Not too late to apply for the ePIP

General practices that did not meet the new requirements of the eHealth Practice Incentives Program (ePIP) by the February 1 deadline can still apply for future payments if they become compliant, the Department of Health and Ageing (DoHA) has confirmed.

The new ePIP requires that practices install and begin using a number of eHealth initiatives, including integrating healthcare identifiers into electronic practice records, installing a standards-compliant secure messaging service, begin recording the majority of diagnoses for active patients electronically using a medical vocabulary, and installing an electronic prescription exchange service to be able to send eScripts.

By May 1, they must also be using clinical software that can access the PCEHR.

A letter and application form for the first ePIP payment, which will be made in May, were sent to all PIP registered practices at the end of February. Application forms are also available from the Medicare website.

A DoHA spokeswoman said that to be eligible for an ePIP payment in May 2013, a practice must have met the first four eligibility requirements by February 1 and should apply before April 24.

However, those practices that did not meet the requirements by February 1 can still apply for future payments, she said.

“Practices that did not meet the requirements by 1 February 2013 will not be eligible for a May 2013 payment,” she said.

“However, once they meet the requirements they can apply for future payment quarters. If a practice becomes compliant after the start of any payment quarter, they should not apply until after the start of the next quarter.”

If practices want to apply for the second quarter payment – from May 1 to July 31 – they must fufil all five of the requirements, including accessing the PCEHR.

The May payments will only be paid to practices that met the requirements for the entire first quarter: February 1 to April 30.

“As long as the eligibility requirements continue to be met, practices will only need to apply once and will be eligible for ongoing payments,” the spokeswoman said.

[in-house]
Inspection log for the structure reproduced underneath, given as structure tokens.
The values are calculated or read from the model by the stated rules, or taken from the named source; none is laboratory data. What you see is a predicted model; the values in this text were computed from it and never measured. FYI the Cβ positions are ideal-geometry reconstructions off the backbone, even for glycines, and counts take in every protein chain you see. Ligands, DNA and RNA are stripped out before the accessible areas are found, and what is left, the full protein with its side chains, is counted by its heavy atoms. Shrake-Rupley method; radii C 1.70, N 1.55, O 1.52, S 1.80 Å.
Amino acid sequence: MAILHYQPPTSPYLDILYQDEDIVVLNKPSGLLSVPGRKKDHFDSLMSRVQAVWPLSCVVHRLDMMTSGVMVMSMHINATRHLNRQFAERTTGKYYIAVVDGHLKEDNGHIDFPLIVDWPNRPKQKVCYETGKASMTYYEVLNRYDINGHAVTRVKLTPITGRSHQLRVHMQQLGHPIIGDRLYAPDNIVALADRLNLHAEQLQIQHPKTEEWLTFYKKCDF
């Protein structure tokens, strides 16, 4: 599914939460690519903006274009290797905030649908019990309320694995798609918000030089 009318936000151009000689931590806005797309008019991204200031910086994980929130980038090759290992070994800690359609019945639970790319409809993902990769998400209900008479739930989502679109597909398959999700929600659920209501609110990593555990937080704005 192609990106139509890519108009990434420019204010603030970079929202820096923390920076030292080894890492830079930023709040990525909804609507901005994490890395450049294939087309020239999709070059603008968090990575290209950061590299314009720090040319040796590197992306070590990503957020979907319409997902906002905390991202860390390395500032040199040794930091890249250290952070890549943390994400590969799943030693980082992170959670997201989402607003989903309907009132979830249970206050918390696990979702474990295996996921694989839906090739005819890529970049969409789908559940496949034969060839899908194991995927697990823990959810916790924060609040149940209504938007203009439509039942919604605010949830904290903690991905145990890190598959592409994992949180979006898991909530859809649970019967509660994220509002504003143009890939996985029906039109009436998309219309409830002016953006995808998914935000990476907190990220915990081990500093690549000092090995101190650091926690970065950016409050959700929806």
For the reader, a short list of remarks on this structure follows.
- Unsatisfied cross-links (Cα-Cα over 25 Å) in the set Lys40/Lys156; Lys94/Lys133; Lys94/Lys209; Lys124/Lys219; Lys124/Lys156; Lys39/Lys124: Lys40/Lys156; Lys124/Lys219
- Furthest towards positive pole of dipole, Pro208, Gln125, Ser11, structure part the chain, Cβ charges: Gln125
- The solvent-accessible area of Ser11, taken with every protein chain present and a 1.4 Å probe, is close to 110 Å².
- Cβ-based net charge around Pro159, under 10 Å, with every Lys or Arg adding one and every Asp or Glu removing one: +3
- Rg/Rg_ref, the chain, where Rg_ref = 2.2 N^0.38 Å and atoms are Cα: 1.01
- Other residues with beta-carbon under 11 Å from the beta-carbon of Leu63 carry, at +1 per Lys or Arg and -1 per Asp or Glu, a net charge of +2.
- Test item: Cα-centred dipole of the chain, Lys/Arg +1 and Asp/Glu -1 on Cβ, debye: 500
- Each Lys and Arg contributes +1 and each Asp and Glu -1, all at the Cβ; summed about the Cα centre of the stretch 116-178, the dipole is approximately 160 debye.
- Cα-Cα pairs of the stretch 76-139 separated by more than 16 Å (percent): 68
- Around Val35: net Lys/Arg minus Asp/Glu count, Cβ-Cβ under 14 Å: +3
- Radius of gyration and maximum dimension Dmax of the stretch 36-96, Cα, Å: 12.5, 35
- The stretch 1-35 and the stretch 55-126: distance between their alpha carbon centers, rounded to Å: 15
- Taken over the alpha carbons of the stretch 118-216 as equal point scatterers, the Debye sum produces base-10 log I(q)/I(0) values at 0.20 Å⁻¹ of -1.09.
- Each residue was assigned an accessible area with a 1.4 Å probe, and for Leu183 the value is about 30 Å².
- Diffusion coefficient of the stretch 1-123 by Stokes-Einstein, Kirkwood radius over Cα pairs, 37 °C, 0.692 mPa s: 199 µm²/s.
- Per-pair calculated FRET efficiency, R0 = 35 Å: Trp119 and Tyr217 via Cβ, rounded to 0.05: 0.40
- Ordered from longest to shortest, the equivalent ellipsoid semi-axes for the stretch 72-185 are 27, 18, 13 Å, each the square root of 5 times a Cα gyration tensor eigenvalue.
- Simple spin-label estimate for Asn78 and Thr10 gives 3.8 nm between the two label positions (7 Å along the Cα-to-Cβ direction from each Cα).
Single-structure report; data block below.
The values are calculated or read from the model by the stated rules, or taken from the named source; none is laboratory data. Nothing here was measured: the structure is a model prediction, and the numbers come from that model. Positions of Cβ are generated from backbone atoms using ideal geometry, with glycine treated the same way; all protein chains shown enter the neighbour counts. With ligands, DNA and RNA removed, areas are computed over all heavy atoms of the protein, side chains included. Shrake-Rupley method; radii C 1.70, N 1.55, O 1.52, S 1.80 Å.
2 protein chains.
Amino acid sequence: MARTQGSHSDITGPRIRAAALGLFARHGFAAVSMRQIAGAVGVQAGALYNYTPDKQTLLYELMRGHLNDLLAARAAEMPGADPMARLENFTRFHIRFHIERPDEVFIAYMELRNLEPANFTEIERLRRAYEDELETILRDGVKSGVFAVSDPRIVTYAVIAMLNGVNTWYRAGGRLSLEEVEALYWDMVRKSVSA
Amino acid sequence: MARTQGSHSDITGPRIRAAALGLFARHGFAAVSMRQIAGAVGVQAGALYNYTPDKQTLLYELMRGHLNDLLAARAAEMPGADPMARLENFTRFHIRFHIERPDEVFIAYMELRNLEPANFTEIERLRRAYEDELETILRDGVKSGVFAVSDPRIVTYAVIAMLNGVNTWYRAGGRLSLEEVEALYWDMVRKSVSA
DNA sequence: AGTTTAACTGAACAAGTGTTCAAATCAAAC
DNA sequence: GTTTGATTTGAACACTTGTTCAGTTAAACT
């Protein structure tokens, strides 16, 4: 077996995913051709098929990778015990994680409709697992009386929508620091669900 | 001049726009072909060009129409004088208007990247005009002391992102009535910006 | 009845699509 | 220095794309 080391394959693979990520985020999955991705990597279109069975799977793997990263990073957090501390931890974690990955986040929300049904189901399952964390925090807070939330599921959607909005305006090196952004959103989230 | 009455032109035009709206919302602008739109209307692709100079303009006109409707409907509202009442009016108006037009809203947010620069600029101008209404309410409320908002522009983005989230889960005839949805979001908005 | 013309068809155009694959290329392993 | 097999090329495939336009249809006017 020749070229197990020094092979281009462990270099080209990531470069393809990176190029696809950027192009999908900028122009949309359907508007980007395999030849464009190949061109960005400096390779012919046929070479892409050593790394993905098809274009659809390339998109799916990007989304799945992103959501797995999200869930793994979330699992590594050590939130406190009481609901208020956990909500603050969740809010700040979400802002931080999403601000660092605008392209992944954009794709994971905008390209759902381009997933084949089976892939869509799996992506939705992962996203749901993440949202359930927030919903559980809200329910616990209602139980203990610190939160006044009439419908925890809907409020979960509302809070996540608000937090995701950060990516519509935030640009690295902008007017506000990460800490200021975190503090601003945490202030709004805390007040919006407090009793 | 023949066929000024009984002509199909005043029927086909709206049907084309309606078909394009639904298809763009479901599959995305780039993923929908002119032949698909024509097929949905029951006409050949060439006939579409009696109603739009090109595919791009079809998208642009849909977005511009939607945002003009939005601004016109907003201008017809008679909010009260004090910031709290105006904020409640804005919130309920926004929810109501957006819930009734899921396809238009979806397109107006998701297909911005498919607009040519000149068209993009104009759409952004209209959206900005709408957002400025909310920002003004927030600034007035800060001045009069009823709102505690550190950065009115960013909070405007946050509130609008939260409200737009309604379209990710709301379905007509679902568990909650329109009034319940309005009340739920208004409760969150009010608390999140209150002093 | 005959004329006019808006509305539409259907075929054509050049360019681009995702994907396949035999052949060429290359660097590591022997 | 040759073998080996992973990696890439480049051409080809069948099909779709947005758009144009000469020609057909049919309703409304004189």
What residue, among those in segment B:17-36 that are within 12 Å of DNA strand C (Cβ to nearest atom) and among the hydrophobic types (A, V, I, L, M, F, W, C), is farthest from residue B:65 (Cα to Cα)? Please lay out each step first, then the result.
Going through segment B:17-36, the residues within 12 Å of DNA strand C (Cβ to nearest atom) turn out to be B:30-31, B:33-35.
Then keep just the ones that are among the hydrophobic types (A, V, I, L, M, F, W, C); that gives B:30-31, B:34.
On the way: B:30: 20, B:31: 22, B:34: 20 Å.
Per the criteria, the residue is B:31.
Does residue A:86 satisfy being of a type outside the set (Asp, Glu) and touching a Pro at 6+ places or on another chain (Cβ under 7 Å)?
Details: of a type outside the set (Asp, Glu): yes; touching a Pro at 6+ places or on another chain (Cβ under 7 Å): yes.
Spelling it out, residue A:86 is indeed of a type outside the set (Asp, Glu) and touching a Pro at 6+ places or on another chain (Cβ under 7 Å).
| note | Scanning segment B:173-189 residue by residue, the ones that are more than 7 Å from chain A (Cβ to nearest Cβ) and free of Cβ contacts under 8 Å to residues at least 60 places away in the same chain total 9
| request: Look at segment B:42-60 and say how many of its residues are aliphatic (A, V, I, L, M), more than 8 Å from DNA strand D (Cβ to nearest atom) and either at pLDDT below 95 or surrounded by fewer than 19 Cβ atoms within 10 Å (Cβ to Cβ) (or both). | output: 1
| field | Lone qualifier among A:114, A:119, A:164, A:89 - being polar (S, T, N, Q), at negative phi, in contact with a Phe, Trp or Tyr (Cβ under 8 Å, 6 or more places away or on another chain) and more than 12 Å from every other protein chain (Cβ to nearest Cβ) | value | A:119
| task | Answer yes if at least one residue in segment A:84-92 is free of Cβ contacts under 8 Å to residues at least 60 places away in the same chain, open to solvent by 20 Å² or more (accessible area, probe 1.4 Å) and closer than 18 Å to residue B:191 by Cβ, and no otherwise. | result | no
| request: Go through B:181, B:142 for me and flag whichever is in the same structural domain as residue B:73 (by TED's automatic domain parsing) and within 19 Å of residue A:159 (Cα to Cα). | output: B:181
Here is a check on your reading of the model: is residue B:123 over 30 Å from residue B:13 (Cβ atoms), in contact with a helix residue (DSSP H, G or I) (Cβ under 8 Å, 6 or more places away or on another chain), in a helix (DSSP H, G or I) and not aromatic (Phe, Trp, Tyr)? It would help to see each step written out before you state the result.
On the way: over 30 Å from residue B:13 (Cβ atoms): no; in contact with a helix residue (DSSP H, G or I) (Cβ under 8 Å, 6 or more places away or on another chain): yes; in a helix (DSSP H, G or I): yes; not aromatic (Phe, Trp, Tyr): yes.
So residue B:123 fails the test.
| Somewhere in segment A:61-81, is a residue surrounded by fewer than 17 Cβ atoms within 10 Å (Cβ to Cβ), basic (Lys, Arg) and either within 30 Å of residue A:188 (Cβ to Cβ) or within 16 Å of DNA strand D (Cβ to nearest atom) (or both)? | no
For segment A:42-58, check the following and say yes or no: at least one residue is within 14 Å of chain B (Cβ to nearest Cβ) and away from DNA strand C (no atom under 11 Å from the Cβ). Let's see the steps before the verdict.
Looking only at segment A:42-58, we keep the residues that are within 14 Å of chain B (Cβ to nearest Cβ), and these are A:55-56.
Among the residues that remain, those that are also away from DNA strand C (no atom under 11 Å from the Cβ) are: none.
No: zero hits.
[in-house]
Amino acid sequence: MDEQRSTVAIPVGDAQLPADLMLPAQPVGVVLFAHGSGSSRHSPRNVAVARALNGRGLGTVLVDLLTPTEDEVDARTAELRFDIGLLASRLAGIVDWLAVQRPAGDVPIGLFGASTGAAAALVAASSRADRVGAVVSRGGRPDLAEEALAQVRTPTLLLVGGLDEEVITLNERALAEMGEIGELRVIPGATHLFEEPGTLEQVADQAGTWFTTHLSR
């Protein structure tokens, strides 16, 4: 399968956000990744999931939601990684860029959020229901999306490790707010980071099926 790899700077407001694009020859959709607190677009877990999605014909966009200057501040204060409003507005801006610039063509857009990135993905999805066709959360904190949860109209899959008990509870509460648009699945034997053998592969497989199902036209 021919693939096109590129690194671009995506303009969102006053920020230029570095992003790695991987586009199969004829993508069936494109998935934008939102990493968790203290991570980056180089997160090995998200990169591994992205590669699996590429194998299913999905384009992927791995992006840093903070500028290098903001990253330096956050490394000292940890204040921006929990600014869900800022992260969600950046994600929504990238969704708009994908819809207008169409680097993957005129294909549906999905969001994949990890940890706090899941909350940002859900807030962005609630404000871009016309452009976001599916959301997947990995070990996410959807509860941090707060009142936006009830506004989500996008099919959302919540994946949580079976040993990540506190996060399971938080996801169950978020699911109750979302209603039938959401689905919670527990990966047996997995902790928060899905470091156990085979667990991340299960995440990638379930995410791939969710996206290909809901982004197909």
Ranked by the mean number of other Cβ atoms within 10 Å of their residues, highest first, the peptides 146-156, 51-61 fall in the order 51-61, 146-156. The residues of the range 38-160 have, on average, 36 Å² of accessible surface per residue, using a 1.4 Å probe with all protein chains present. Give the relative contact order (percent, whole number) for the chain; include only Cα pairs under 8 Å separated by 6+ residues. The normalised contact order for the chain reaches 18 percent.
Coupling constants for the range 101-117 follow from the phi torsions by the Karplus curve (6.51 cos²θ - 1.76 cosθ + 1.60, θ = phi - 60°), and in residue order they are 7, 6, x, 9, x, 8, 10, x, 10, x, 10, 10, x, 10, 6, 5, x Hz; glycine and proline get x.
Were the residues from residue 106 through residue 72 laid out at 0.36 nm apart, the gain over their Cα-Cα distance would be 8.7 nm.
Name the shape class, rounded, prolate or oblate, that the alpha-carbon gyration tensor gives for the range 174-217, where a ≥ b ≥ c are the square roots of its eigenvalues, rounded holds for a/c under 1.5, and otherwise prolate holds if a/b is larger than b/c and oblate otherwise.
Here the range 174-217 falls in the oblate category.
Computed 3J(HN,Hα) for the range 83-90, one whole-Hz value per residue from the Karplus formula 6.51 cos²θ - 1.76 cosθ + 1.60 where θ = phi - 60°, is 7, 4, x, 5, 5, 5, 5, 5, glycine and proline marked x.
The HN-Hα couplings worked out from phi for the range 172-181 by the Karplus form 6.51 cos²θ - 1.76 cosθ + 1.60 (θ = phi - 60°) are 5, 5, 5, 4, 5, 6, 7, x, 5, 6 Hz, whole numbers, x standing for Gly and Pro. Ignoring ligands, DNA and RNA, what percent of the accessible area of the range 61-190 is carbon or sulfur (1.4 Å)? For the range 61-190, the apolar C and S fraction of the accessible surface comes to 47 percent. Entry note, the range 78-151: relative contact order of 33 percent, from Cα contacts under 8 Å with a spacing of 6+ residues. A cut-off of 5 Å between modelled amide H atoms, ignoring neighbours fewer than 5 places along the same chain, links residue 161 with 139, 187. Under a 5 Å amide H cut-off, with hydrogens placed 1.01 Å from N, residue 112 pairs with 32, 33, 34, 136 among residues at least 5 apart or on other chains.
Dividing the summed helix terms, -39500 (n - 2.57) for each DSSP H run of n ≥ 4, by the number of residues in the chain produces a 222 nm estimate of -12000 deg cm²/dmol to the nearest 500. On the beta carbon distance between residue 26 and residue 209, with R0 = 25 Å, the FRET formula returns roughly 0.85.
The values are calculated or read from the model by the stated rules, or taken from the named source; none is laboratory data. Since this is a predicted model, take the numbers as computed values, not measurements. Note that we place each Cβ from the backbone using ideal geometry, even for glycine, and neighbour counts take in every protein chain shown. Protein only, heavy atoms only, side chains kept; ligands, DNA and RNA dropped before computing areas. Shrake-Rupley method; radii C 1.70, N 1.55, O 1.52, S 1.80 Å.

Eligible practices can receive a maximum payment of $12,500 per quarter, based on $6.50 per standardised whole patient equivalent (SWPE) per year.

ePIP payment dates. Source: DoHA
Final date for application form to be submittedWhere your practice will meet the eligibility criteria for the full period ofPayment will be made in
24 April1 Feb – 30 AprMay
24 July1 May – 31 JulAugust
24 October1 Aug – 30 OctNovember
24 January1 Nov – 31 JanFebruary

Practices can check to see if their software products are compliant at NEHTA's ePIP product register.

The DoHA spokeswoman said that in 2011-12, expenditure for the previous ePIP was $89.1 million, with an average payment of $20,000 per practice.

As of early March, 74,666 consumers and 1467 healthcare organisations were registered in the PCEHR system, she said.

Posted in Australian eHealth


0 # Sarah 2013-03-19 12:01
What DoHA and Medicare have not widely announced about the ePIP incentives is that:
1.much of the delay in applications is down to the fact that only some practices are beginning to receive the ePIP application forms for the feb-april quarter. These forms seem to be posted out completely arbitrarily; in a single area one practice may receive it with the others waiting interminably. I expect there will be a sudden glut of forms being received just before 24 April.
2. For all the effort going into ePIP, most practices and certainly most primary health care services (especially ones in rural and remote areas including aboriginal medical services) will receive far less than the forecast maximum of $50 000 per annum. Currently, ePIP is calculated at $6.50 per SWAPI (spelling?) so a large metro Adelaide practice has calculated that it will receive $6500 from the ePIP...PER ANNUM.
0 # Simon James 2013-03-19 12:58
Hi Sarah,

Yes, interesting that DOHA has set challenging deadlines for practices but doesn't apply the same expectation to its friends over at DHS (Medicare), who are turning a relatively simple set of software upgrades into an elongated and expensive debacle for many practices.

Delays for NASH certificates, delays for HPI-O allocation, delays for adding providers into the Healthcare Provider Directory (which prevents practices from adding their provider's HPI-Is into their software, which in turn delays PCEHR activation in clinical software), delays for distributing ePIP application forms, helpdesk staff that aren't trained to answer even basic queries about the process, medicare locals running around with trays of cakes trying to pick up the pieces.

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